Blockchain startups are luring more and more executives from the traditional world of finance. The latest is Ben Ingram, who is leaving the Australian arm of PwC, an accounting powerhouse with over 200k employees and a $36 billion annual revenue, to be the new CEO of cryptocurrency exchange Bitcoin.com.au.
Big Four accounting firm PricewaterhouseCoopers has lost its group executive of digital strategy after he announced he’d be joining the Melbourne-based trading venue in charge of developing crypto-based financial products.
In addition, Ingram will be responsible for scaling the bitcoin.com.au’s trading exchange functionality and enhance its global expansion.
Ben Ingram is convinced cryptocurrency has a transformative impact on most industries, expecting the technology to redefine operating models by streamlining businesses, while also reducing cost and risk.
“We’re in the early-stage development of a new protocol. I think the core premise of distributed ledger technology (DLT) has very obvious widespread appeal. Even if the tech capabilities at present aren’t capable, I think humans will prevail. We know this tech doesn’t have a dead-end. While the evolutionary path hasn’t been fully determined, I think there’s enough evidence that there is a path,” he told Business Insider.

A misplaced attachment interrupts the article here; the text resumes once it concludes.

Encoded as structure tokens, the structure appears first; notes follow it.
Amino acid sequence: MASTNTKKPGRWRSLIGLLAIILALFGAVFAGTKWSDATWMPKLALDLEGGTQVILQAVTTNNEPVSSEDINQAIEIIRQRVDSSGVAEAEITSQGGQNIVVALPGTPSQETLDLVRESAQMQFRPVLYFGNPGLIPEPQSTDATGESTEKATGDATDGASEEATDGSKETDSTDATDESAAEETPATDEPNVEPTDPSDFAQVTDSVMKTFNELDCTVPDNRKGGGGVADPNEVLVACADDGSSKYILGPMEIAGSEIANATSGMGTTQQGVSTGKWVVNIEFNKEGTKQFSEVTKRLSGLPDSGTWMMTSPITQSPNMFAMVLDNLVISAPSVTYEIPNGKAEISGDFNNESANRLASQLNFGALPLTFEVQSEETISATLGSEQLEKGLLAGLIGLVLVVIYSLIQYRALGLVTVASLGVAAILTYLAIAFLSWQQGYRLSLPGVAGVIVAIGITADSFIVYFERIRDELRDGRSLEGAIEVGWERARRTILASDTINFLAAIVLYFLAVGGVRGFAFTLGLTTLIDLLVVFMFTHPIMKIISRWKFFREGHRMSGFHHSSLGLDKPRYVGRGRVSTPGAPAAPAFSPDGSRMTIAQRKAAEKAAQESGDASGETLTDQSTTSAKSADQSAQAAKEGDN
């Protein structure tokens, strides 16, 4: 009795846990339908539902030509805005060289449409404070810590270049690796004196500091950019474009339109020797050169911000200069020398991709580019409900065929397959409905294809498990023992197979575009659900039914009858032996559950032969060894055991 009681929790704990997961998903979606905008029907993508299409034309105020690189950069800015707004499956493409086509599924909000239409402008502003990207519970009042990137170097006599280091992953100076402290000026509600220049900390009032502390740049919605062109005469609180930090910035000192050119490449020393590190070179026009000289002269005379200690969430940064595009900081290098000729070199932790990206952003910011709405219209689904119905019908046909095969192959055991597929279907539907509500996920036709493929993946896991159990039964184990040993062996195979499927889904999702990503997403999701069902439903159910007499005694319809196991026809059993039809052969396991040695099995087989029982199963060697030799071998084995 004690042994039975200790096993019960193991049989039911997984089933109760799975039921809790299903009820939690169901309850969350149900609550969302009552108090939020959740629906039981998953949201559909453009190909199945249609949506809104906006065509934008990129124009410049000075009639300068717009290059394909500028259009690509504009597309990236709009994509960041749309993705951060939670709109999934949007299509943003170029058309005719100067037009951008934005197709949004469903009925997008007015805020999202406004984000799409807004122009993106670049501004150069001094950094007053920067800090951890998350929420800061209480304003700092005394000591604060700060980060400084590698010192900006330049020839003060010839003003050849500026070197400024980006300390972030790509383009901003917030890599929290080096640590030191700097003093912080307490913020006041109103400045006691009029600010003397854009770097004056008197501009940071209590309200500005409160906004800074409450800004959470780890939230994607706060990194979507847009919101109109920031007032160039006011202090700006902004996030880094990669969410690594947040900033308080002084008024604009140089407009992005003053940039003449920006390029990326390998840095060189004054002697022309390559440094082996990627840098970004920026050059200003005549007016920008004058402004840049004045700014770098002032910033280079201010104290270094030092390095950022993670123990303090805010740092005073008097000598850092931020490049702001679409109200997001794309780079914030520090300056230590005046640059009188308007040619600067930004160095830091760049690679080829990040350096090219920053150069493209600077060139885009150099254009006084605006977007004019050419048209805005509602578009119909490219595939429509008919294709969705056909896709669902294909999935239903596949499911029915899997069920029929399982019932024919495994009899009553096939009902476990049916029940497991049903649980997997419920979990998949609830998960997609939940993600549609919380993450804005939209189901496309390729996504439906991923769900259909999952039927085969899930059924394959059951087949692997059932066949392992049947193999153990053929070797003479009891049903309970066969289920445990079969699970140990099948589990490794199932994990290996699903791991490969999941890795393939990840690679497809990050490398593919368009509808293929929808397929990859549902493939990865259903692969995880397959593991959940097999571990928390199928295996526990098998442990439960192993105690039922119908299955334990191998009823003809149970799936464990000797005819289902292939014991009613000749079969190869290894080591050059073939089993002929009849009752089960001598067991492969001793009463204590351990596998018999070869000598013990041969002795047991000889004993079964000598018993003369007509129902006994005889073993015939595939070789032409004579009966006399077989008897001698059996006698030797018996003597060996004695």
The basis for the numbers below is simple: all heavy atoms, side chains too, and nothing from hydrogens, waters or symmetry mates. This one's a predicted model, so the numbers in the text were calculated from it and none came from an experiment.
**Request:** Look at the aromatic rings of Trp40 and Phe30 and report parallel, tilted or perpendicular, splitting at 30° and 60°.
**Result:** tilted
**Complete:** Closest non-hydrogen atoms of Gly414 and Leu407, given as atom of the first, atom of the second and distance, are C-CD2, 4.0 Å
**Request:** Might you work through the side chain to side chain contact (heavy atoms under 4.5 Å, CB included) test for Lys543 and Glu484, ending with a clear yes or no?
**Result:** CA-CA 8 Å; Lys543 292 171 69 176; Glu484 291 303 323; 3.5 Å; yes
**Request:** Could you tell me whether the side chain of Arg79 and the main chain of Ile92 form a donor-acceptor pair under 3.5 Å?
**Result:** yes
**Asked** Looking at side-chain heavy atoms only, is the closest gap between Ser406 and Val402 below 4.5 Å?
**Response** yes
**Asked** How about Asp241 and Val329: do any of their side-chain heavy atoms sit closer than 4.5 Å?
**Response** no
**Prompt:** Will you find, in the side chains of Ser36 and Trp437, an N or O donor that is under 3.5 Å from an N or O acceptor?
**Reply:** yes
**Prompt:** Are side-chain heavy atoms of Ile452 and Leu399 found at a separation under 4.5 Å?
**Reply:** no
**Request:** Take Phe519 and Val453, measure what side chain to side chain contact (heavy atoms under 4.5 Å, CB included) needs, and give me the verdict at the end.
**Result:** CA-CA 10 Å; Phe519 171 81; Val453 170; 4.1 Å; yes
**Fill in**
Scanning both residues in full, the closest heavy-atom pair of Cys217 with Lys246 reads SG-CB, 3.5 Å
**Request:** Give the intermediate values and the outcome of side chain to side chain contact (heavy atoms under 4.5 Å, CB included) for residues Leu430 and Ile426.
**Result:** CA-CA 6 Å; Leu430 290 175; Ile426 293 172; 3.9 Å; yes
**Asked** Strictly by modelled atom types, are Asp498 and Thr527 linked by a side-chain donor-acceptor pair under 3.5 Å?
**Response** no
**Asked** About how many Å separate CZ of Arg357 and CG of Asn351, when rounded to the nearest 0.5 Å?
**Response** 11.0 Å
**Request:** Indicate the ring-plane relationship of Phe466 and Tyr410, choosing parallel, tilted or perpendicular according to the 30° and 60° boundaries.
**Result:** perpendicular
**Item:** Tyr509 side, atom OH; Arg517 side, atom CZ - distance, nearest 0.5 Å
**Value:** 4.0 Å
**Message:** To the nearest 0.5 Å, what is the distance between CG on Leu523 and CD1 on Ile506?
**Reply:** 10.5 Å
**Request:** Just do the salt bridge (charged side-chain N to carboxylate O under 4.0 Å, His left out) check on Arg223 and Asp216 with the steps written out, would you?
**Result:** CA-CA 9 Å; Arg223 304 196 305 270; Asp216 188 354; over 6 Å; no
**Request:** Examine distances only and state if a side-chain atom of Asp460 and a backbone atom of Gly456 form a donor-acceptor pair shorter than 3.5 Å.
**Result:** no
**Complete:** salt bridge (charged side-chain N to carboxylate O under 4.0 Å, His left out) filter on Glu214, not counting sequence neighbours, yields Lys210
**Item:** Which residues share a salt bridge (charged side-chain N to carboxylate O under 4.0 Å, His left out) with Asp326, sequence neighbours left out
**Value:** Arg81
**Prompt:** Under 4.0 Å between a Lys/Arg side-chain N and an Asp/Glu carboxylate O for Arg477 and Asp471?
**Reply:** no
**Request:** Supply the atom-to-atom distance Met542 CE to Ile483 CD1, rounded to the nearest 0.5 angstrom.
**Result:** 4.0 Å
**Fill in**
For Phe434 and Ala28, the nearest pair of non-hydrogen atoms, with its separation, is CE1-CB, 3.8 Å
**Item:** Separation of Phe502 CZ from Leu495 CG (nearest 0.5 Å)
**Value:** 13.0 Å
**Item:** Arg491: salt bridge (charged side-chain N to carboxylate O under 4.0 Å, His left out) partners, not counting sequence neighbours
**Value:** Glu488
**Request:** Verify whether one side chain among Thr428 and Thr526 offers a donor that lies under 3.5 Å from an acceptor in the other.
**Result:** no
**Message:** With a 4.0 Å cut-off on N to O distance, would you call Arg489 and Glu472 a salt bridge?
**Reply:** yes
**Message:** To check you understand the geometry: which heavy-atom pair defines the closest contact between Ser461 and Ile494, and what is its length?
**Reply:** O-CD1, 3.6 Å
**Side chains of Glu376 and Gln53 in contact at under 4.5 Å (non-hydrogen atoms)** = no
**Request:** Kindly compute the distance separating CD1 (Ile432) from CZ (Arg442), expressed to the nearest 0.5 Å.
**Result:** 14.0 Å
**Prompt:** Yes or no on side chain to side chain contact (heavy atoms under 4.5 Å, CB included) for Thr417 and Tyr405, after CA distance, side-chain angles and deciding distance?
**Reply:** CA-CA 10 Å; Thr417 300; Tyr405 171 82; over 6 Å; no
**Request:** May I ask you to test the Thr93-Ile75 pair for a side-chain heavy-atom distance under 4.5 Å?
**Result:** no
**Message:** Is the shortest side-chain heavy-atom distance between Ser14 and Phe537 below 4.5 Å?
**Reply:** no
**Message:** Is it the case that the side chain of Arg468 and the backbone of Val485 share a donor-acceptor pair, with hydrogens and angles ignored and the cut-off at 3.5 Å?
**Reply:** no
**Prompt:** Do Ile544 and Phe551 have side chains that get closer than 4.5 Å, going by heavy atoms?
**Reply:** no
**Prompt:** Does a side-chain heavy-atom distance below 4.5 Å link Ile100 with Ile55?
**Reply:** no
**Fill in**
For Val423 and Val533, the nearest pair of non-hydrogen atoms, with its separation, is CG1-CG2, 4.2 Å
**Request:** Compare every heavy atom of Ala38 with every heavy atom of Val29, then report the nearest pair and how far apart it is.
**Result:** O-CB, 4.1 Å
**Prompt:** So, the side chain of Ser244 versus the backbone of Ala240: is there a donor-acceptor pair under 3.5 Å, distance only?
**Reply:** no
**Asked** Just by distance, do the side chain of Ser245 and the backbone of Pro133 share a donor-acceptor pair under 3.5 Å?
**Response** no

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Big Four’s pro-crypto push
With such growing interest in the emerging asset class, the signing of Mr. Ingram is not an isolated case in the new stage of cryptocurrency era. Crypto-linked startups are seen to attract financial gurus from the mainstream financial and professional industries.
Last week, Gemini, the cryptocurrency exchange that was founded by the Winklevoss twins, has brought on a former New York Stock Exchange executive to take on the role of its first chief technology officer.
Ingram parts ways with PwC although it was the second mega professional services company to offer its clients the possibility of settling their invoices in Bitcoin.
Meanwhile, the pro-crypto push may not only aim to lower transaction costs for its advisory services but seems part of a wider strategy to promote the developments of digital products. Specifically, PwC is taking it a step further by advising customers about crypto funds and investments, cryptocurrency exchanges and fundraising through token sales, or ICOs. This will include advisement on new processes, risks, regulatory policy, and tax guidelines.
Also, other professional services have been eyeing this trend for quite some time as Bitcoin and other established cryptocurrencies have now been more broadly accepted as forms of settlement.
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